In Oregon, 1327 lethal prescriptions have been written and at least 859 patients have used the drugs to take their lives; in 2014 there were 105 deaths, a 44% increase over the previous year and almost seven times the deaths in the law’s first full year.

In Washington, in less than six years, 725 prescriptions have been written for lethal drugs and at least 585 patients have died from the drugs; these numbers have steadily risen each year, so the number ingesting lethal drugs in 2014 (126 patients) is over twice the number in 2010 (51 patients), the first full year of the law’s operation.

Note: Unless noted otherwise, all data are from the official annual reports of Oregon’s and Washington’s health departments, referenced at end of this document; each year’s report also provides a summary of past years’ data for comparison.

Reporting or Concealing?

All reporting about doctor-assisted deaths is self-reporting by the doctors prescribing lethal drugs. Ore. Rev. Stat. 127.855 (7) and 127.865; Rev. Code Wash 70.245.120 and 70.245.150.

The Oregon Health Division noted in 1999: “There are several limitations that should be kept in mind when considering these findings…. For that matter, the entire account [by prescribing physicians] could have been a cock-and-bull story. We assume, however, that physicians were their usual careful and accurate selves.” Center for Disease Prevention & Epidemiology, Oregon Health Division, CD Reports, March 16, 1999, at 2.

These doctors have usually been members of, or close collaborators with, “Compassion and Choices” (formerly The Hemlock Society), which adamantly supports assisted suicide and promoted the new law. By C&C’s own figures, in the law’s first twelve years the group played an active role in 78% of Oregon’s assisted deaths; in 2009 they were involved in 97%. See K. Stevens, “The Proportion of Oregon Assisted Suicides by Compassion & Choices Organization,” March 4, 2010, at

Doctors cannot report reliably on what happens at the time patients actually ingest the lethal overdose or at the time they die, as nothing in the law requires them to be present – and no one else who may be present is required to report.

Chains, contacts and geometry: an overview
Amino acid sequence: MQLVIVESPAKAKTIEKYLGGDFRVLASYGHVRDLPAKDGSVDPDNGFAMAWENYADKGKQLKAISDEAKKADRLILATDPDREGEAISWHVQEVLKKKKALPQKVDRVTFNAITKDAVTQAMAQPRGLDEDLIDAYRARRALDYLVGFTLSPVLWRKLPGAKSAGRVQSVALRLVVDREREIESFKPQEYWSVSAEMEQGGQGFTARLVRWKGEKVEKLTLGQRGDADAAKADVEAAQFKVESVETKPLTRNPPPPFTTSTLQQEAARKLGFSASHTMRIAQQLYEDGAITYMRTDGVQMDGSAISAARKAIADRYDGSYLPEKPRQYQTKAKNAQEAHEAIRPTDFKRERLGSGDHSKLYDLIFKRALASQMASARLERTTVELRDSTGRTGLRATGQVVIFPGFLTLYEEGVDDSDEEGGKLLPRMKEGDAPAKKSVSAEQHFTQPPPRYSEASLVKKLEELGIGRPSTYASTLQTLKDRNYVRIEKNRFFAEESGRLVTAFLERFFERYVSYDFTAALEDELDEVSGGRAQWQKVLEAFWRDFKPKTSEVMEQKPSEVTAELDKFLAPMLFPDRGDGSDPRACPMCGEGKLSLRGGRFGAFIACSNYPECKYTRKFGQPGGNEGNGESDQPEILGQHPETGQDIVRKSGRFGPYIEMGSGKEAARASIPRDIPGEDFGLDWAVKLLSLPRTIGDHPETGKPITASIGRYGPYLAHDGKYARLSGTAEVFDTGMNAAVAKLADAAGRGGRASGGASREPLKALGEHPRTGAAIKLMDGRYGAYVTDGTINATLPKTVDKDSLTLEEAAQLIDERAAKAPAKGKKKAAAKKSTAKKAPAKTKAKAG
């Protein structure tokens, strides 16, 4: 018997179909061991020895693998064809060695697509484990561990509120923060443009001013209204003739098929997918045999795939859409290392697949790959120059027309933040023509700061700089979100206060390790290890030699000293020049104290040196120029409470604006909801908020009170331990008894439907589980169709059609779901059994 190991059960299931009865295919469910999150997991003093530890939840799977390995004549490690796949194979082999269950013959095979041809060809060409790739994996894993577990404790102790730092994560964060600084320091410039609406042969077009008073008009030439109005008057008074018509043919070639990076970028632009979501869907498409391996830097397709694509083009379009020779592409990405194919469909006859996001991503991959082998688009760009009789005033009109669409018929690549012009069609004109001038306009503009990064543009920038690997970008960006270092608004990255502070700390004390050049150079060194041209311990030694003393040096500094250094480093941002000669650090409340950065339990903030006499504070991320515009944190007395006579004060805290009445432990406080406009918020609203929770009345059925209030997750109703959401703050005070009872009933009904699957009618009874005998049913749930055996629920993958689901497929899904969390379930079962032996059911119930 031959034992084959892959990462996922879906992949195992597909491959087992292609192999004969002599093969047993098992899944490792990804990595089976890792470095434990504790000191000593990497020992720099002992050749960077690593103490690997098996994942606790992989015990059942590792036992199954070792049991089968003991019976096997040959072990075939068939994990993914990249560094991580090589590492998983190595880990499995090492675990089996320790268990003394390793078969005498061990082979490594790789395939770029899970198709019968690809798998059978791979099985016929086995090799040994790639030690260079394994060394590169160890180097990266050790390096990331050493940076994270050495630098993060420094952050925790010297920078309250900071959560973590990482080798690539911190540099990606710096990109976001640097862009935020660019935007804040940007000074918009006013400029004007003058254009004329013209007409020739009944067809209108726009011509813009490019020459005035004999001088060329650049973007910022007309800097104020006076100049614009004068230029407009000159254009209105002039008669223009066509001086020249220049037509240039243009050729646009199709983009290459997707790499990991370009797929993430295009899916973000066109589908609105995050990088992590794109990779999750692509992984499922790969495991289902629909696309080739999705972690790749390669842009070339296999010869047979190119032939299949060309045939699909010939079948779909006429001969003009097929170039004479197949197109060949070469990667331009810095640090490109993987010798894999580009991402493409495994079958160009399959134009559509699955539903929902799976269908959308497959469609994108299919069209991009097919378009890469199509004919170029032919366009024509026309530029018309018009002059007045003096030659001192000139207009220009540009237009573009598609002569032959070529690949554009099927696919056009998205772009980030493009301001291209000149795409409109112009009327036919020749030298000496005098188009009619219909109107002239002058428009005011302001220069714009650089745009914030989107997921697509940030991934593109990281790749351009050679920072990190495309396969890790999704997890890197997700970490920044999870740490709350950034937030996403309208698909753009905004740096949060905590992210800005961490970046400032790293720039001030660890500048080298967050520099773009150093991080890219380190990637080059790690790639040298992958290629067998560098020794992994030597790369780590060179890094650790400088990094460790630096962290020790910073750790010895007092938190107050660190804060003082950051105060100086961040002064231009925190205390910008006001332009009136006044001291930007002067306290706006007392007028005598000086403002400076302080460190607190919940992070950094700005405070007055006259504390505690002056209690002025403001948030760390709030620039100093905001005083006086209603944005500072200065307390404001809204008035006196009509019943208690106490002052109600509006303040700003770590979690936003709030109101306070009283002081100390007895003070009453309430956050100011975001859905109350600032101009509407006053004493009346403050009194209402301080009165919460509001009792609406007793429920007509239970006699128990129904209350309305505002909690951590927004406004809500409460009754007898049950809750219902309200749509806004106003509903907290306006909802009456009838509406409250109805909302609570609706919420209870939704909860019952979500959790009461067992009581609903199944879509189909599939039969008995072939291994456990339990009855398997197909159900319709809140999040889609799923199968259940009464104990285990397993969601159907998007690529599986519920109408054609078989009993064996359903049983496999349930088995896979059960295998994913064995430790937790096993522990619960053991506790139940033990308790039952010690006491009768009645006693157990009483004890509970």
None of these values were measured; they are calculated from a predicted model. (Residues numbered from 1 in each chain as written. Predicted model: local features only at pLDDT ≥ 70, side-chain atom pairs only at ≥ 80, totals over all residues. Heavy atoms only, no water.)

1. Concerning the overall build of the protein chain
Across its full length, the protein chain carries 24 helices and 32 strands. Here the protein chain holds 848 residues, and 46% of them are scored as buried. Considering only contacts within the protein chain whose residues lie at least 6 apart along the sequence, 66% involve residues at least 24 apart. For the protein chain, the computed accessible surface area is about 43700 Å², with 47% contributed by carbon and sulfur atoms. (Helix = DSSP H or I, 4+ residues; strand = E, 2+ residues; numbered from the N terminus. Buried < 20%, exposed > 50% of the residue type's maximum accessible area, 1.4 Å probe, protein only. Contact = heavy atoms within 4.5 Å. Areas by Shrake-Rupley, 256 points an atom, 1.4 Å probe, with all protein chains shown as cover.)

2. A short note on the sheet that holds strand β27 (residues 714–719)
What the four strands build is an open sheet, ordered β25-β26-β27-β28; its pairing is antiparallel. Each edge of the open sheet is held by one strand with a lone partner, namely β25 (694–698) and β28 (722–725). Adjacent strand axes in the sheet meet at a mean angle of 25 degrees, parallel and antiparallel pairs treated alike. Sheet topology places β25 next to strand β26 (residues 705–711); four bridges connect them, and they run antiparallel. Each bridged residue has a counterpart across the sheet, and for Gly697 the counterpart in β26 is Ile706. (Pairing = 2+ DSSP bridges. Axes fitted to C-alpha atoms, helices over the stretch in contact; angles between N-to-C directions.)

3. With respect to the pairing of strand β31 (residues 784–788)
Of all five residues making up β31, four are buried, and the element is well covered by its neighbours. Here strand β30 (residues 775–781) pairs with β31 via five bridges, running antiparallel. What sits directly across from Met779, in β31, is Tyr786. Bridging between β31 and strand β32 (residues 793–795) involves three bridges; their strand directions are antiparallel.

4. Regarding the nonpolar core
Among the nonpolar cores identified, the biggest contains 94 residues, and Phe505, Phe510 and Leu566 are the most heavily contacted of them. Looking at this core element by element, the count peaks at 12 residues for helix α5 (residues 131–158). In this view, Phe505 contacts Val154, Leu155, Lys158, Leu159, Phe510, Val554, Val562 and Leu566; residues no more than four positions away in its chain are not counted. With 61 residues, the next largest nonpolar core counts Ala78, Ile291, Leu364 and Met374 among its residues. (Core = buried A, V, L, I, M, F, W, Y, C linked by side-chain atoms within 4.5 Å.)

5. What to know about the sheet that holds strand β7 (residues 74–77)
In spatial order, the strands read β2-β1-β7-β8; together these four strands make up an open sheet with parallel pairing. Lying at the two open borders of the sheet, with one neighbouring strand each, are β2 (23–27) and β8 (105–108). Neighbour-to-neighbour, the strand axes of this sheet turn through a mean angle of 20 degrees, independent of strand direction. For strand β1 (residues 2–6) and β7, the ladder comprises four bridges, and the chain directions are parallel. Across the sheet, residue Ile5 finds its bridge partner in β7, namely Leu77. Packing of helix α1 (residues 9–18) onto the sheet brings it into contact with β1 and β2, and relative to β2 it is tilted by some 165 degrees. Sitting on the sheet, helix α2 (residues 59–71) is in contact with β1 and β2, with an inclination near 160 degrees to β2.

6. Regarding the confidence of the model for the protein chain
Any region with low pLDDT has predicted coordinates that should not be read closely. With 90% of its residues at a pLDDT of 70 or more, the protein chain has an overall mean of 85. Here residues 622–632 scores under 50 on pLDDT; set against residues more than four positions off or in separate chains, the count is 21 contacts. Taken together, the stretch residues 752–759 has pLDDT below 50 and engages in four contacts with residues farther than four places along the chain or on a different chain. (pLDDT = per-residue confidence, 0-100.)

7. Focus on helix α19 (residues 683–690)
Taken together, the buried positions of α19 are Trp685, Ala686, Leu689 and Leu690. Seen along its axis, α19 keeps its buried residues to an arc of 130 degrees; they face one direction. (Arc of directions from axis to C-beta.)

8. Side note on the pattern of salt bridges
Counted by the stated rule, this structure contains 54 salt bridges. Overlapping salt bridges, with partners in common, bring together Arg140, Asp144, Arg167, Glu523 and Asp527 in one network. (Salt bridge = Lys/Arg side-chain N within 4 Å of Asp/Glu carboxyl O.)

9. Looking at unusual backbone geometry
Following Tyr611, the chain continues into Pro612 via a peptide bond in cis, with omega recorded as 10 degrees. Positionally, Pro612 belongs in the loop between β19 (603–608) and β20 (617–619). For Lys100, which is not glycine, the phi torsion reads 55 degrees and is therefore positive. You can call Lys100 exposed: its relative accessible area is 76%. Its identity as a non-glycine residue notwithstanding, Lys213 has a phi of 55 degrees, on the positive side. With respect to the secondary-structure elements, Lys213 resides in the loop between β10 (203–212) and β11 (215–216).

In Oregon, the prescribing physician was known to be present at the time of death in only 11% of cases in 2013 and in 14% in 2014, compared to an average of 16.5% of cases in previous years. In both years, no health care provider was present in over 80% of cases (40% in previous years).

In Washington in 2014, the prescribing physician was known to be present in only 6% of cases (7 out of 126); in 38% of cases (48 out of 126), no health care provider was known to be present when the drugs were ingested.

These deaths are not allowed to be considered suicides or assisted suicides for any legal purpose. Ore. Rev. Stat. 127.880; Rev. Code Wash. 70.245.180.

In Oregon, doctors list patients’ underlying illness as the cause of death on death certificates; in Washington this falsified report is explicitly required by law. See M. Dore, “‘Death with Dignity’: A Recipe for Elder Abuse and Homicide (Albeit Not By Name),” 11.2 Marquette Elder’s Advisor 387-401 (Spring 2010) at 395;

The death certificate may be signed by the doctor who prescribed lethal drugs, completing this closed system for controlling and hiding information. Ore. Rev. Stat. 127.815 (2); Rev. Code Wash. 70.245.040 (2).

A Free Choice?

Despite medical literature on the frequent role of depression and other psychological problems in choices for suicide, the prescribing doctor (and the doctor he selects to give a second opinion) are free to decide whether or not to refer suicidal patients for any psychological counseling.